www.proedinc.com. PRICE: $35. Order number 12073. Language: English. Abstract: This sourcebook reviews the most clinically useful options for helping children who have language impairments. Chapters describe a comprehensive, integrated approach to language that builds on the understanding of the role of affective interactions in facilitating functional and meaningful language development; an intensive behavioral approach based on the principles of applied behavior analysis; the TEACCH method; the Picture Exchange Communication System; and the Fast ForWord Language software product. Other chapters discuss auditory processing and auditory integration training, the Lindamood Phoneme Sequencing Program, the Seeing Stars Program, imagery and language comprehension, and sensory integration. The chapters, as they target specific innovative intervention techniques, provide readers with information about eligible candidates for intervention, a critical review of the treatment method being considered, and case histories. Remaining chapters present a clinical overview and offer conclusions. A glossary is included. 18 figures. 11 tables. Numerous references. Subject Category: Hearing. Language. Speech. Descriptors: Children. Language Disorders. Language Intervention. Language Development. Autism. Therapy.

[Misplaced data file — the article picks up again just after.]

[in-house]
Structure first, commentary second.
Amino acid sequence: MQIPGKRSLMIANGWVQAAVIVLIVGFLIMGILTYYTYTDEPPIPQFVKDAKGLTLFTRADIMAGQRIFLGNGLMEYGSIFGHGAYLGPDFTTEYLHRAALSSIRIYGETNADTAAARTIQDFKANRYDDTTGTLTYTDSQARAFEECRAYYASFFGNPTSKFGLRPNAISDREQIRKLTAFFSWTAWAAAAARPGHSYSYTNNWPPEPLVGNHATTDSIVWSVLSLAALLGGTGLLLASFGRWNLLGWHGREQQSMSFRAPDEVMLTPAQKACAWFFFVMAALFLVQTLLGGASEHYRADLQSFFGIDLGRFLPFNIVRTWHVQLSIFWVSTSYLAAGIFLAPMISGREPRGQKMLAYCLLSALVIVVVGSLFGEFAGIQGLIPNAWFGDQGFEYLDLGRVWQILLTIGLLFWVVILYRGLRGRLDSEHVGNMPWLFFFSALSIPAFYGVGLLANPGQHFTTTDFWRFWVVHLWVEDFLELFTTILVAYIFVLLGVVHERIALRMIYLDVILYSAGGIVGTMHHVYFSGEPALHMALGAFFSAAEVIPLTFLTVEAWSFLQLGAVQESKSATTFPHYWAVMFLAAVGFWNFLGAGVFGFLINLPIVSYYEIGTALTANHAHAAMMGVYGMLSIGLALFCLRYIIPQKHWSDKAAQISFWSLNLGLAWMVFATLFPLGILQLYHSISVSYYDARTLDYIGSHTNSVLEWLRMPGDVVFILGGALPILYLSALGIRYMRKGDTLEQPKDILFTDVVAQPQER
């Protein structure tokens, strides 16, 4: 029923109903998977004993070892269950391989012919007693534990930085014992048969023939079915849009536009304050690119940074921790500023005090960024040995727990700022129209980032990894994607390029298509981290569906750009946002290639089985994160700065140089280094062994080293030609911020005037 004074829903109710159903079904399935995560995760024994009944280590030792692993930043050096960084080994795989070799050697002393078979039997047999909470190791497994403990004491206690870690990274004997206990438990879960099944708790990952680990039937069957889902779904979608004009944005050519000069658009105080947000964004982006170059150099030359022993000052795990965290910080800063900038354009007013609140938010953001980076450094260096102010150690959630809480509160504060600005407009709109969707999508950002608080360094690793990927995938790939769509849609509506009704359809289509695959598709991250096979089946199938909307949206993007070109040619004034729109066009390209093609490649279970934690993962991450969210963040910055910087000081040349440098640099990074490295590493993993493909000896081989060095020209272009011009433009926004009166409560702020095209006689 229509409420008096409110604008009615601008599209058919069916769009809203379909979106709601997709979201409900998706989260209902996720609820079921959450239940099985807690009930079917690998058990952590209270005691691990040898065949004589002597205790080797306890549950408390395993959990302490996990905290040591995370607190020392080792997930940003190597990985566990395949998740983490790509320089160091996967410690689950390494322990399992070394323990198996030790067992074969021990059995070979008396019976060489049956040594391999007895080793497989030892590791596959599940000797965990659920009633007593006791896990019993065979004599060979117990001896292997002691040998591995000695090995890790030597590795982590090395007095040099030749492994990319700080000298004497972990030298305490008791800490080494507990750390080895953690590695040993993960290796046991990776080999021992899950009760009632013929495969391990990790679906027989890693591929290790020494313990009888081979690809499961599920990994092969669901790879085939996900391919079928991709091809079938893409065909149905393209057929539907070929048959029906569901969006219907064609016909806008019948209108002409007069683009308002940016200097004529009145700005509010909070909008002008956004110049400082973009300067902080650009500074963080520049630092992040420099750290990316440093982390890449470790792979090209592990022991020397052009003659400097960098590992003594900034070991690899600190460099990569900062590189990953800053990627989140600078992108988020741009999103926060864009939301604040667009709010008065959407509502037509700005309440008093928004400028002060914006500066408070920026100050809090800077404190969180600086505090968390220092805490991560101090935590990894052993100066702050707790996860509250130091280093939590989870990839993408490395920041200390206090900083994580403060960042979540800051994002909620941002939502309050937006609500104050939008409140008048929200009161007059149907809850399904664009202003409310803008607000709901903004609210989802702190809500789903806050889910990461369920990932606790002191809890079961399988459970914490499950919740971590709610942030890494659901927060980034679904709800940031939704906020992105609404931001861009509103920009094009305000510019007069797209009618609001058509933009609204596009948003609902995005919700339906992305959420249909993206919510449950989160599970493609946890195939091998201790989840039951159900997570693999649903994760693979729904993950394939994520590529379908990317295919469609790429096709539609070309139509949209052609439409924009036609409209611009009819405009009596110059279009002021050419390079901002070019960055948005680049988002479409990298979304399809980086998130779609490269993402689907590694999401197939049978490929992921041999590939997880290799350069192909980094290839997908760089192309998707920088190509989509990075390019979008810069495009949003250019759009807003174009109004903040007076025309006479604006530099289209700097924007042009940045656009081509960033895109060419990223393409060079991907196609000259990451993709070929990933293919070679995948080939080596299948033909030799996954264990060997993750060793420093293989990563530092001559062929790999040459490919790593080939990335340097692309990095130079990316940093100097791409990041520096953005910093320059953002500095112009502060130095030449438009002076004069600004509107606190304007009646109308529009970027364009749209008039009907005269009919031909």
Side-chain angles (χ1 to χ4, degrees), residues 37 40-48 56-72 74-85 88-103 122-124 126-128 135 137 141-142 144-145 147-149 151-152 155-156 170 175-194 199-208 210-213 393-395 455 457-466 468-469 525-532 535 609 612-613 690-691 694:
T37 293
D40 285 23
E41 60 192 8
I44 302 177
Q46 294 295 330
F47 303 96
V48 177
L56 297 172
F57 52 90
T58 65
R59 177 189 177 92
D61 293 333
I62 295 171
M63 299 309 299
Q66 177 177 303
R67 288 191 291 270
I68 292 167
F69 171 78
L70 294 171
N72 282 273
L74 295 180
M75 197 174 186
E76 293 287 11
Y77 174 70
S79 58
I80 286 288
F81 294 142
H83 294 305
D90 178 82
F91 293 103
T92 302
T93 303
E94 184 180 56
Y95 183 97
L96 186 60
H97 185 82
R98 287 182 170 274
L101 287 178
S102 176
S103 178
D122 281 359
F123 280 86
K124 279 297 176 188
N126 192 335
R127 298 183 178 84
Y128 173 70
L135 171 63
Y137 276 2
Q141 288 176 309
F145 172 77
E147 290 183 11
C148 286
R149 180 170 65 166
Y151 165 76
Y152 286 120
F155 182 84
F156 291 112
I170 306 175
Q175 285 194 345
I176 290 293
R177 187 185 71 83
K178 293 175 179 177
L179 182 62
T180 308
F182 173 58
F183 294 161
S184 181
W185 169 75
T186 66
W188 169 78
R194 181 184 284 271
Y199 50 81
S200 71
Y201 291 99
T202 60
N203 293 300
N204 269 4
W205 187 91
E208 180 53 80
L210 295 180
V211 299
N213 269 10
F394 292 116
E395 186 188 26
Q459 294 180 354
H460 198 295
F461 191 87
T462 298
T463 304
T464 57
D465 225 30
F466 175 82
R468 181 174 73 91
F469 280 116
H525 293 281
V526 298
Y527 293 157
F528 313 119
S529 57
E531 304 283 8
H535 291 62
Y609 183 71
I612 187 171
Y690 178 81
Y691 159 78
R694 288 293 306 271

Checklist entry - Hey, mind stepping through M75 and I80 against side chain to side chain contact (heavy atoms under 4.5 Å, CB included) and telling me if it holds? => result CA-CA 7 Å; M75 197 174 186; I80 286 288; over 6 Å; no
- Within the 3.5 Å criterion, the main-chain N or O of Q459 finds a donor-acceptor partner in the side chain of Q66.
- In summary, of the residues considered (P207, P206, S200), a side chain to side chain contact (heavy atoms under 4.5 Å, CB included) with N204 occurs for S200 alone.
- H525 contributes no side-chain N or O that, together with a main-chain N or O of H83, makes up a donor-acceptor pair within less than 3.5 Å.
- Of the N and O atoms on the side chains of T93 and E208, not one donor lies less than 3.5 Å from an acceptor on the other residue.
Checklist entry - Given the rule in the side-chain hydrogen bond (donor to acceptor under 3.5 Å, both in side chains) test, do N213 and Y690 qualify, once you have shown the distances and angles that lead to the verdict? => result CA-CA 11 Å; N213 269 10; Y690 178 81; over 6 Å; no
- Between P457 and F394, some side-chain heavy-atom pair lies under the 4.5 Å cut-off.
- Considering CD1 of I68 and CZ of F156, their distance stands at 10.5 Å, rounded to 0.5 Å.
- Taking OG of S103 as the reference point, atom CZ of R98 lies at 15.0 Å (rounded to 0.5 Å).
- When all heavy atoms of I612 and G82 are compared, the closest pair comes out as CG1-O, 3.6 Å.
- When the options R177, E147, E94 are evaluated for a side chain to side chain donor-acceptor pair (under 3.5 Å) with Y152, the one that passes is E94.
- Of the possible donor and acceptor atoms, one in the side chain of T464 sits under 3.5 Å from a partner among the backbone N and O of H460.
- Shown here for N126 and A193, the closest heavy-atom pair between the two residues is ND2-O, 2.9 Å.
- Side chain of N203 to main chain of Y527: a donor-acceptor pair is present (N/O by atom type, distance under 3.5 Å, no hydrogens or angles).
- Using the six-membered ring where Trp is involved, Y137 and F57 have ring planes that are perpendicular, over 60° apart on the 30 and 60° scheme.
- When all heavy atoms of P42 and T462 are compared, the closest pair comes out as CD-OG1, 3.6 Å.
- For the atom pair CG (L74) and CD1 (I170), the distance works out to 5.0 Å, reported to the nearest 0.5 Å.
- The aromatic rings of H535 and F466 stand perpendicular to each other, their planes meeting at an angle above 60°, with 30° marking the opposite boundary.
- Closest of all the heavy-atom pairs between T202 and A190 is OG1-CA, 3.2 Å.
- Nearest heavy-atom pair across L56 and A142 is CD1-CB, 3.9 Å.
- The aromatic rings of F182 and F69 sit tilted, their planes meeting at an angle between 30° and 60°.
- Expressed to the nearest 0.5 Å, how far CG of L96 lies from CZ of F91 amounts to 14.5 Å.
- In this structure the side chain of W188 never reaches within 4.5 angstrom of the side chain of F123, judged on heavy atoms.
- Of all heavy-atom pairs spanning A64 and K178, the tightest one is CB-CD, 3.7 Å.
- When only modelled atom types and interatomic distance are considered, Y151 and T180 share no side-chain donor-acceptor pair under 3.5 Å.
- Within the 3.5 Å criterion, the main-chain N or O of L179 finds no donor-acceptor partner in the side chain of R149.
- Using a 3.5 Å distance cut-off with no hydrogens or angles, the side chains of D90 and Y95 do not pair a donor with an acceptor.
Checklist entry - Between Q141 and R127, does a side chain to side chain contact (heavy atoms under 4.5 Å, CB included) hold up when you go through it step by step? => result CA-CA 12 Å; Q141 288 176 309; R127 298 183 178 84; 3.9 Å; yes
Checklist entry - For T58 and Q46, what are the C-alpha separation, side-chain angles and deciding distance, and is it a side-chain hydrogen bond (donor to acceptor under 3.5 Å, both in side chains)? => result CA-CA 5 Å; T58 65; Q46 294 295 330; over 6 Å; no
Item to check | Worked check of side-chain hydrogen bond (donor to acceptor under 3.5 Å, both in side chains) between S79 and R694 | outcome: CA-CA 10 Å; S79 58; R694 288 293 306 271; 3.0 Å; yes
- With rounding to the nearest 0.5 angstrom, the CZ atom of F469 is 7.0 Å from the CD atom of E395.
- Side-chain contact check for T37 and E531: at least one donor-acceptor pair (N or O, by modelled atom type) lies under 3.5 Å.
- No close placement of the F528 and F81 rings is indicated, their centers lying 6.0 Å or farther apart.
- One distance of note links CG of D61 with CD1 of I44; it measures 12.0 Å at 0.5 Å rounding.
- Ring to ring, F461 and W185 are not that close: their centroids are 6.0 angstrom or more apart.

Understanding Balance Problems in Children With CHARGE


Author(s): Williams, G. L., Hartshorne, T. S. Source: Deaf-Blind Perspectives. 12(2):5-7. Winter 2005. Availability: Available from Deaf-Blind Perspectives. Teaching Research Division, Western Oregon State College, 345 North Monmouth Avenue, Monmouth, OR 97361. (503) 838-8885. TDD: (503) 838-8821. Fax: (503) 838-8150. Language: English. Abstract: This article covers vestibular function problems in children with CHARGE disorder. The authors define the role of the vestibular system as located within the inner ear and being mainly responsible for equilibrium. In children with CHARGE, the vestibular organs are often damaged or missing, causing balance problems. The article covers symptoms and early warning signs, anatomy and function of the vestibular system, screening for and assessing vestibular dysfunction, and therapy to enhance vestibular function. Subject Category: Balance. Hearing. Descriptors: Birth Defects. Genetic Disorders. Vestibular System. CHARGE Syndrome Management. Inner-Ear Disorder. Vestibular Function. Vestibular Therapy. Balance Disorder.